Covid-19 vaccine vials. REUTERS/Dado Ruvic/Illustration
Pfizer will ship fewer COVID-19 vaccine vials to the US after extra doses were discovered.
The company has pushed the FDA to formally acknowledge the extra doses found in each vial.
Some pharmacists say they’re still struggling to extract the extra doses.
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Last month, pharmacists across the US found a pleasant surprise when they discovered that the vials of Pfizer’s COVID-19 vaccine contained extra doses.
As a result, Pfizer will now ship fewer vials of vaccine to the US to account for that, according to a New York Times report. The pharmaceutical company has committed to providing 200 million vaccine doses to the US by the end of July. The extra doses found in the initial allocations will now count toward that number.
Pfizer charges by the dose and for weeks has reportedly pushed officials at the US Food and Drug Administration to formally acknowledge that the vials contain six (and sometimes seven) doses, instead of five.
Earlier this month, the FDA obliged, changing the wording of the vaccine’s emergency use authorization, according to The Times. Pfizer officials argued the distinction was necessary, since the federal government’s contract required payment by the dose.
But some pharmacists say they’ve had challenges actually extracting those extra doses, because that process requires a special syringe.
“Now there’s more pressure to make sure that you get that sixth dose out,” Michael Ganio, the senior director for pharmacy practice and quality at the American Society of Health-System Pharmacists told The Times.
Pfizer’s chief executive, Dr. Albert Bourla, said that the extra sixth dose allows the company to extend its vaccine supply further. Pfizer had originally estimated it could manufacture 1.3 billion doses in 2021, but the discovery of the extra doses reportedly played a role in the company’s most recent estimate of two billion doses by the end of the year.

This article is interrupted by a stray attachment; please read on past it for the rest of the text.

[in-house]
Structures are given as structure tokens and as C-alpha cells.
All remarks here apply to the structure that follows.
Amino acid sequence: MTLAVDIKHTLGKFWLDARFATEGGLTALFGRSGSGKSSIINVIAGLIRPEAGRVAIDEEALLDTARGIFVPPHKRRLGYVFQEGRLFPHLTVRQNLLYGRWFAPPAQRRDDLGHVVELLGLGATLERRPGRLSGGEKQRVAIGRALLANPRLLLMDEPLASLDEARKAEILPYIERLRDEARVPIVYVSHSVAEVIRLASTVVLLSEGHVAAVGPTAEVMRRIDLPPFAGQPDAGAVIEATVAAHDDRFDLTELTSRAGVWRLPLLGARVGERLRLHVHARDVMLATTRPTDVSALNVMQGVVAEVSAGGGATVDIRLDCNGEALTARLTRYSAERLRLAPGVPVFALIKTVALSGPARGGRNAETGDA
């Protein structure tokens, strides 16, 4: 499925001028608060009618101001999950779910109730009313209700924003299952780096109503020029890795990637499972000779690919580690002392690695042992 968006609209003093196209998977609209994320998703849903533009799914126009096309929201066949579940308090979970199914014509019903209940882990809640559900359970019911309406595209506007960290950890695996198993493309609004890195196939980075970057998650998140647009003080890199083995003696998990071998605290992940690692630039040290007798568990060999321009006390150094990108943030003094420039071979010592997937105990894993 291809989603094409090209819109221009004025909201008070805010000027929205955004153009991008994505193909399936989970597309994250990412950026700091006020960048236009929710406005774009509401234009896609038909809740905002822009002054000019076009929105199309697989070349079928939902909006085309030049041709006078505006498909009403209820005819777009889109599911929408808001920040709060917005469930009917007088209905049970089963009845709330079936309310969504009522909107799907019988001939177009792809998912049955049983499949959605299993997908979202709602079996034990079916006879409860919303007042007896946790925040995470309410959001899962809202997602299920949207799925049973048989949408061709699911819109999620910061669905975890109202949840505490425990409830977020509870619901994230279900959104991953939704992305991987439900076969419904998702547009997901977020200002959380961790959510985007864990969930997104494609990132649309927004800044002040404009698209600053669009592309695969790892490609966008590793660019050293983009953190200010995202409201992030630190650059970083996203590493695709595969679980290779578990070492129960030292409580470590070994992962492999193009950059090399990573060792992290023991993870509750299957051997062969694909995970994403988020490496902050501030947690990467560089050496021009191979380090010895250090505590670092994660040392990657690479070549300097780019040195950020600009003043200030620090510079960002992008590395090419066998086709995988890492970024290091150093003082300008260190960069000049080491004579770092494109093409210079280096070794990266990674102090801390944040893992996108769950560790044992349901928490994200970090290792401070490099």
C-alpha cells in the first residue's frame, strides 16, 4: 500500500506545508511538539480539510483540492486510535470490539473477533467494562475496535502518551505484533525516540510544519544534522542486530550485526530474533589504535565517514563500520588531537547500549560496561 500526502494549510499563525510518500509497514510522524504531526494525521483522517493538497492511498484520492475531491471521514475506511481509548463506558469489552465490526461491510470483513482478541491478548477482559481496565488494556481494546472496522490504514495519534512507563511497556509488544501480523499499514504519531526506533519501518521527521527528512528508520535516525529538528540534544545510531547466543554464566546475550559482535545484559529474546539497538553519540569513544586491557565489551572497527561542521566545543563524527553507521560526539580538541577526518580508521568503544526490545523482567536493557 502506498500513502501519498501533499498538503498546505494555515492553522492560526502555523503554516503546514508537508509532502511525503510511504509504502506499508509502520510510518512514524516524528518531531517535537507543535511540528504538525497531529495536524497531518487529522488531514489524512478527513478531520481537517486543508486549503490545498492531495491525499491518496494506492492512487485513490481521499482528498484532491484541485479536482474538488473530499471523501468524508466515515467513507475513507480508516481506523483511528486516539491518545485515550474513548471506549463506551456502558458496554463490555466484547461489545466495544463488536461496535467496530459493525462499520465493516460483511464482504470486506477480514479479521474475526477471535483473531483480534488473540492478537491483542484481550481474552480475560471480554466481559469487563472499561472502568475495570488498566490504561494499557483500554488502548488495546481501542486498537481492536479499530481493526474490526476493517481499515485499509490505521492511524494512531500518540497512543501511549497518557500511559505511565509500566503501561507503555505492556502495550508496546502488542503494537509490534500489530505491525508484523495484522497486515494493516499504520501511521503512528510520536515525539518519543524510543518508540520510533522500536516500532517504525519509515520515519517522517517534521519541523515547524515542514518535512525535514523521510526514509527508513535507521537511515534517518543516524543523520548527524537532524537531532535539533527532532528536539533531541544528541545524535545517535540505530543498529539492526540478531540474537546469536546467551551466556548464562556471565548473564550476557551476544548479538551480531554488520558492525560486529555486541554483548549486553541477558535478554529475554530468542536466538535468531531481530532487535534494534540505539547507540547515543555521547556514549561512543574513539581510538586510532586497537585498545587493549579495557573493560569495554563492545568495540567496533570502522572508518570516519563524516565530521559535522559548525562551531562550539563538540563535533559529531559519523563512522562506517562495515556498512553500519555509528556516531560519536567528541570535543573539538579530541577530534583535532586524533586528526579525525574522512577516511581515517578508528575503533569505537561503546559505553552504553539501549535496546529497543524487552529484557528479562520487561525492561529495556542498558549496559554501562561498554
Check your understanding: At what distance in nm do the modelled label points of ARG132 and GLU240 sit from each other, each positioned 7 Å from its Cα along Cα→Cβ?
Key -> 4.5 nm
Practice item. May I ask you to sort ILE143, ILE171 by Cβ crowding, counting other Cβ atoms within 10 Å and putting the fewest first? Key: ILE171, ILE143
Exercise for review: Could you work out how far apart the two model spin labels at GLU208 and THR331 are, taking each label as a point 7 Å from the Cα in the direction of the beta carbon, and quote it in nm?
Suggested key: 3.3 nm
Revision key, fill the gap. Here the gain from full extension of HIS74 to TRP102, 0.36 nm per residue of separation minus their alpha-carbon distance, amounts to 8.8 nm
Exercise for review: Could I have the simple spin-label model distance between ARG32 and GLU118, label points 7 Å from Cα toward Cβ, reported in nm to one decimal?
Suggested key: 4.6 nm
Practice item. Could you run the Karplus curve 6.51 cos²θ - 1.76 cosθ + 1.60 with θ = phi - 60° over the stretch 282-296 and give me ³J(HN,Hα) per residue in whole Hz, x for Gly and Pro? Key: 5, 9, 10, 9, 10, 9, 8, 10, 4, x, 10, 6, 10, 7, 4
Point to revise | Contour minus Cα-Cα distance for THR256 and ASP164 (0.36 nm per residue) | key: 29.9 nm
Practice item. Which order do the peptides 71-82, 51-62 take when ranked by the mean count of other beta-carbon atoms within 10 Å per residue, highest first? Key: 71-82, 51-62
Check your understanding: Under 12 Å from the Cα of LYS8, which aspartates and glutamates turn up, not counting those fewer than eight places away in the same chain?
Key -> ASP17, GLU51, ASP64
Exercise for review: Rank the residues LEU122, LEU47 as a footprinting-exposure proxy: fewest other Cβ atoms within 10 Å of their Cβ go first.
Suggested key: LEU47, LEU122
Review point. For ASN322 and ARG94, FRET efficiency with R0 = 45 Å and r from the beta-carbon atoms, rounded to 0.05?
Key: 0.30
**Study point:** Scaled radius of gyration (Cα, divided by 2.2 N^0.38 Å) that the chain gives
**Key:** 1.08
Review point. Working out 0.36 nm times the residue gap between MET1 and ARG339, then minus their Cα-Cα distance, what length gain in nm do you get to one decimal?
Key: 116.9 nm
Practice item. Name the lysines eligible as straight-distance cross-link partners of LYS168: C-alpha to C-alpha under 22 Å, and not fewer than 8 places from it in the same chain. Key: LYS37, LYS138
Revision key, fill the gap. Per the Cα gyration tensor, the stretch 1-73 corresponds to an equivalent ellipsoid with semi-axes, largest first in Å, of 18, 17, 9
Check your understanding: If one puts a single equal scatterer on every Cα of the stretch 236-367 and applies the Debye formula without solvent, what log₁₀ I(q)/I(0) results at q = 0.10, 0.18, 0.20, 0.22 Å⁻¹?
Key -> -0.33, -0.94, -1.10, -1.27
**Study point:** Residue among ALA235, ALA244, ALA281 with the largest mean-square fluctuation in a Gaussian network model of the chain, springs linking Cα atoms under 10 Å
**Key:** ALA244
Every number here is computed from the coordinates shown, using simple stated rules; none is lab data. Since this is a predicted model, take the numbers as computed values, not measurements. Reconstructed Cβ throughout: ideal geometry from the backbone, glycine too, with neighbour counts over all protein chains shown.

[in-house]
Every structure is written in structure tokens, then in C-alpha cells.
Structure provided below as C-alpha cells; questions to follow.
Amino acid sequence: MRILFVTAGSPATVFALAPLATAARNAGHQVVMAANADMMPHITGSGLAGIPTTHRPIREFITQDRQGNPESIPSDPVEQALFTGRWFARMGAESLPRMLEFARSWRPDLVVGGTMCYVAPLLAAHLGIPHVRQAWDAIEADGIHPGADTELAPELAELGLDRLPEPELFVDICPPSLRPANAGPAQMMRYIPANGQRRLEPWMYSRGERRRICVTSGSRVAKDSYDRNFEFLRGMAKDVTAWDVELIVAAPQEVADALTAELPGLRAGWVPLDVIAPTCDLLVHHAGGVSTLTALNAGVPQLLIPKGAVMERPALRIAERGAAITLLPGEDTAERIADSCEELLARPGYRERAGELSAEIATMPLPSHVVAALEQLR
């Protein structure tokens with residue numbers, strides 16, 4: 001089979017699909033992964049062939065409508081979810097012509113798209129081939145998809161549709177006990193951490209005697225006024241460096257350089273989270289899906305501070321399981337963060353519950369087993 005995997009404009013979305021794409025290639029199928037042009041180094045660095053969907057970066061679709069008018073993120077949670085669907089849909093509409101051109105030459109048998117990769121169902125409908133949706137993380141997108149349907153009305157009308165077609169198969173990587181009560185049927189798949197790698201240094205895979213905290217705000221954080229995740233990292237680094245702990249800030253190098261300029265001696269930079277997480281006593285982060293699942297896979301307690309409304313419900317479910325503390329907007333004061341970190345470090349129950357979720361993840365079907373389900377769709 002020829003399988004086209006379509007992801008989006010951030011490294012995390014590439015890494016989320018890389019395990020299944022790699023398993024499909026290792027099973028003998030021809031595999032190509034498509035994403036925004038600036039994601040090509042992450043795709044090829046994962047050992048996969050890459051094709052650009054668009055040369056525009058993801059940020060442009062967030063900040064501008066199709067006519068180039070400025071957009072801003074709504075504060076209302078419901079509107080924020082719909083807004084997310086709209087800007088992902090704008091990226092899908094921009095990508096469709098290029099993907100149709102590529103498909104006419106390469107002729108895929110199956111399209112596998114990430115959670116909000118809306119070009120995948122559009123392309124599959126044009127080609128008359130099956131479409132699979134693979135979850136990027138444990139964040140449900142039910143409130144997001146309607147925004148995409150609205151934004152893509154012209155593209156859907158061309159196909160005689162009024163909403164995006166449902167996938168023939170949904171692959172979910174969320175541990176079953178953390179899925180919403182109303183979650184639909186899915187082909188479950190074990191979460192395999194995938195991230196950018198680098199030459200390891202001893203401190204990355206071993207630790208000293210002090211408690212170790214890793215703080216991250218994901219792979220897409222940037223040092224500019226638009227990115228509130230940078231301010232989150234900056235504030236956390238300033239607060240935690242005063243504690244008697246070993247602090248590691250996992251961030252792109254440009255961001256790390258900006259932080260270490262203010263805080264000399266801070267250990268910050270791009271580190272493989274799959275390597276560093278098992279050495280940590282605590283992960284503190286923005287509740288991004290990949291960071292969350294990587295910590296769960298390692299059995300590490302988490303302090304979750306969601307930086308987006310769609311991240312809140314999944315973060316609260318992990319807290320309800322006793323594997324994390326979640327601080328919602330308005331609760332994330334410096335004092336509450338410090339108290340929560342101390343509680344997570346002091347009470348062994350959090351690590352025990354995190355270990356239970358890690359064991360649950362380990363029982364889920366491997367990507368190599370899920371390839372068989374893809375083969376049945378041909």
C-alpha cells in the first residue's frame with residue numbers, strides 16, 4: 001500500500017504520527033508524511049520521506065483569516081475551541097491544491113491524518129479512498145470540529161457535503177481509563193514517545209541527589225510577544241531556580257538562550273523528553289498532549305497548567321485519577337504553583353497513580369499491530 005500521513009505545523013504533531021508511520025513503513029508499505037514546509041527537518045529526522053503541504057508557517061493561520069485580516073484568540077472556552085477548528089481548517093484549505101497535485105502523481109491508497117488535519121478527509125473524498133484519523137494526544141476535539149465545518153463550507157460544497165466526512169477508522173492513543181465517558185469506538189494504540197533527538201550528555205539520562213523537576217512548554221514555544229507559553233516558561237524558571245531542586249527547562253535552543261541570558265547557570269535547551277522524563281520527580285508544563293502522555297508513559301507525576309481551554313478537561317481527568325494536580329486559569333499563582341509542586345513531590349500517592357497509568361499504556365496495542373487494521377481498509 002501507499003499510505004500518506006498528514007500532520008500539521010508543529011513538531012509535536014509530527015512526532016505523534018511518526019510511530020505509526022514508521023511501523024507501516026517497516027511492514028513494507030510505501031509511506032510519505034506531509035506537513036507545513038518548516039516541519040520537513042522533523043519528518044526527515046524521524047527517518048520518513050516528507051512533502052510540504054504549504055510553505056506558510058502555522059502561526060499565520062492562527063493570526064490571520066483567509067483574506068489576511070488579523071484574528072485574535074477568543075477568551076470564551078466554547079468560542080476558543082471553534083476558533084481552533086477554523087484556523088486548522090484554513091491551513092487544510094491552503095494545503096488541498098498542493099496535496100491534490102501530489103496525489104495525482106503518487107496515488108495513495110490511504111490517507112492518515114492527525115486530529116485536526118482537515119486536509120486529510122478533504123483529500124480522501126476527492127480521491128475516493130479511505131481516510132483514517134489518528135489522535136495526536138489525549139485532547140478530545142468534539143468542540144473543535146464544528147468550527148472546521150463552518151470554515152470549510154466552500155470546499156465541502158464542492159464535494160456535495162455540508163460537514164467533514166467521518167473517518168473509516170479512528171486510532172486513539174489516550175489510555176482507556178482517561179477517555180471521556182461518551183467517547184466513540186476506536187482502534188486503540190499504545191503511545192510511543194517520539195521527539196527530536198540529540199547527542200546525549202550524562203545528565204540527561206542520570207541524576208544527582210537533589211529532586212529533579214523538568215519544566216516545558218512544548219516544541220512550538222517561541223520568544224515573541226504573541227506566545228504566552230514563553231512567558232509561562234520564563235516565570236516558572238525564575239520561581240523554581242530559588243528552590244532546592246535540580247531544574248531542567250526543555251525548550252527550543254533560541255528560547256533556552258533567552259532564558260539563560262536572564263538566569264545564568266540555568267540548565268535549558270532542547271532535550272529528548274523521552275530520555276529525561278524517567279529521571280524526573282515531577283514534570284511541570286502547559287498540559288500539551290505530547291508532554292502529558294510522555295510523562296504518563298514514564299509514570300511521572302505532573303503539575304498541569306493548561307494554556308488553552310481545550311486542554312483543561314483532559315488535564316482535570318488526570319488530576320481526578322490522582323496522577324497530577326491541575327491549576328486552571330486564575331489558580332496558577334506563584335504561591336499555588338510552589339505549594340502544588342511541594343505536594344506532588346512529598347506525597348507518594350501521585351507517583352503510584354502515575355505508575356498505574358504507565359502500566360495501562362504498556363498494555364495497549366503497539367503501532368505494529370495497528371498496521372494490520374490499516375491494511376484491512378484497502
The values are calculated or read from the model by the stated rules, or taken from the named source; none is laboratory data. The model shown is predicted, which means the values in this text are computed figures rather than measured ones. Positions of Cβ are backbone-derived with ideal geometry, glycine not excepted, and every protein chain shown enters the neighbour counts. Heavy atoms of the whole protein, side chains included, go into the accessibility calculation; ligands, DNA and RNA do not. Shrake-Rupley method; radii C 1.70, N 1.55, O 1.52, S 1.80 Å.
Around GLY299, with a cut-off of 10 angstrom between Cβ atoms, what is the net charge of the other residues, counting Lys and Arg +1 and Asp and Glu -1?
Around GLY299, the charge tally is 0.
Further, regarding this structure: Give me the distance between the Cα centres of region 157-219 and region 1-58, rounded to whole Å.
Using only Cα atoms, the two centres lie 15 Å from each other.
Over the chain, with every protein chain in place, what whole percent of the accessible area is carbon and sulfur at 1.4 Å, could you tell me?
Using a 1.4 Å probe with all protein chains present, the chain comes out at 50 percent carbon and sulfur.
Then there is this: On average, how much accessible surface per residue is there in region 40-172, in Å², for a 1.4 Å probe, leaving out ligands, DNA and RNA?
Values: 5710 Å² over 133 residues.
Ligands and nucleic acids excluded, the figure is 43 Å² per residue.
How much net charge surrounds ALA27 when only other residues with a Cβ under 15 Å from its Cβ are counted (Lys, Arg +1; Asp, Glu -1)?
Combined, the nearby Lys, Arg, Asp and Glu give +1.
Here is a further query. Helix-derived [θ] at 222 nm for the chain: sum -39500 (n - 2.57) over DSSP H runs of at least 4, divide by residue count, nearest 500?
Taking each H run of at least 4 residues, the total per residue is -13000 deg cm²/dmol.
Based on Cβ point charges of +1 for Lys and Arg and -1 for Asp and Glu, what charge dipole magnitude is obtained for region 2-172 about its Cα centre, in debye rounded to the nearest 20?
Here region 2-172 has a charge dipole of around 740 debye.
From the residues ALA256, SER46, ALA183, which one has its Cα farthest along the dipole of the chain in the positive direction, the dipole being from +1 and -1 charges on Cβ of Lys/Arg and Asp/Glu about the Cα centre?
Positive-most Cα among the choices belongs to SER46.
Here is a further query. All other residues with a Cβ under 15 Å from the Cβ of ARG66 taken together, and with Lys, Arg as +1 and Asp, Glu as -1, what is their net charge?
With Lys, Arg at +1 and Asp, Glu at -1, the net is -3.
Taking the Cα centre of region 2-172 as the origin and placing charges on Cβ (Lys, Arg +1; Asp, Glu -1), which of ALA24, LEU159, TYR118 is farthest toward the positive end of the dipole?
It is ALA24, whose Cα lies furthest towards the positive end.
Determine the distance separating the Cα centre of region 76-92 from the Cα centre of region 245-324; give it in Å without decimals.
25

When pharmacists first discovered the extra doses, there was both excitement and confusion. Some even threw out the extra doses because they hadn’t been given permission to use them, according to the newspaper. But the FDA soon offered both permission and instruction for using the extra doses.
At the time, the extra doses seemed to suggest that instead of the 100 million doses Pfizer had originally promised the US by the end of March, the country could wind up with as many as 120 million, some good news amid the chaotic vaccine rollout, but Pfizer demanded that the extra doses instead be counted as part of its existing contract.
“Pfizer will make a lot of money from these vaccines, and the US government assumed a lot of the upfront risk in this case, so I’m not sure why Pfizer didn’t just continue to fill their supply as planned, even if it meant oversupplying a little,” Dr. Aaron S. Kesselheim, a professor of medicine at the Brigham and Women’s Hospital and Harvard Medical School told The Times.
After weeks of reported language dispute between Pfizer and the FDA, the agency formally changed the vaccine’s fact sheet to specify that six doses were included in each vial.
The number of Pfizer vaccines allocated to each state could be based on that new language starting as soon as next week, The Times reported.
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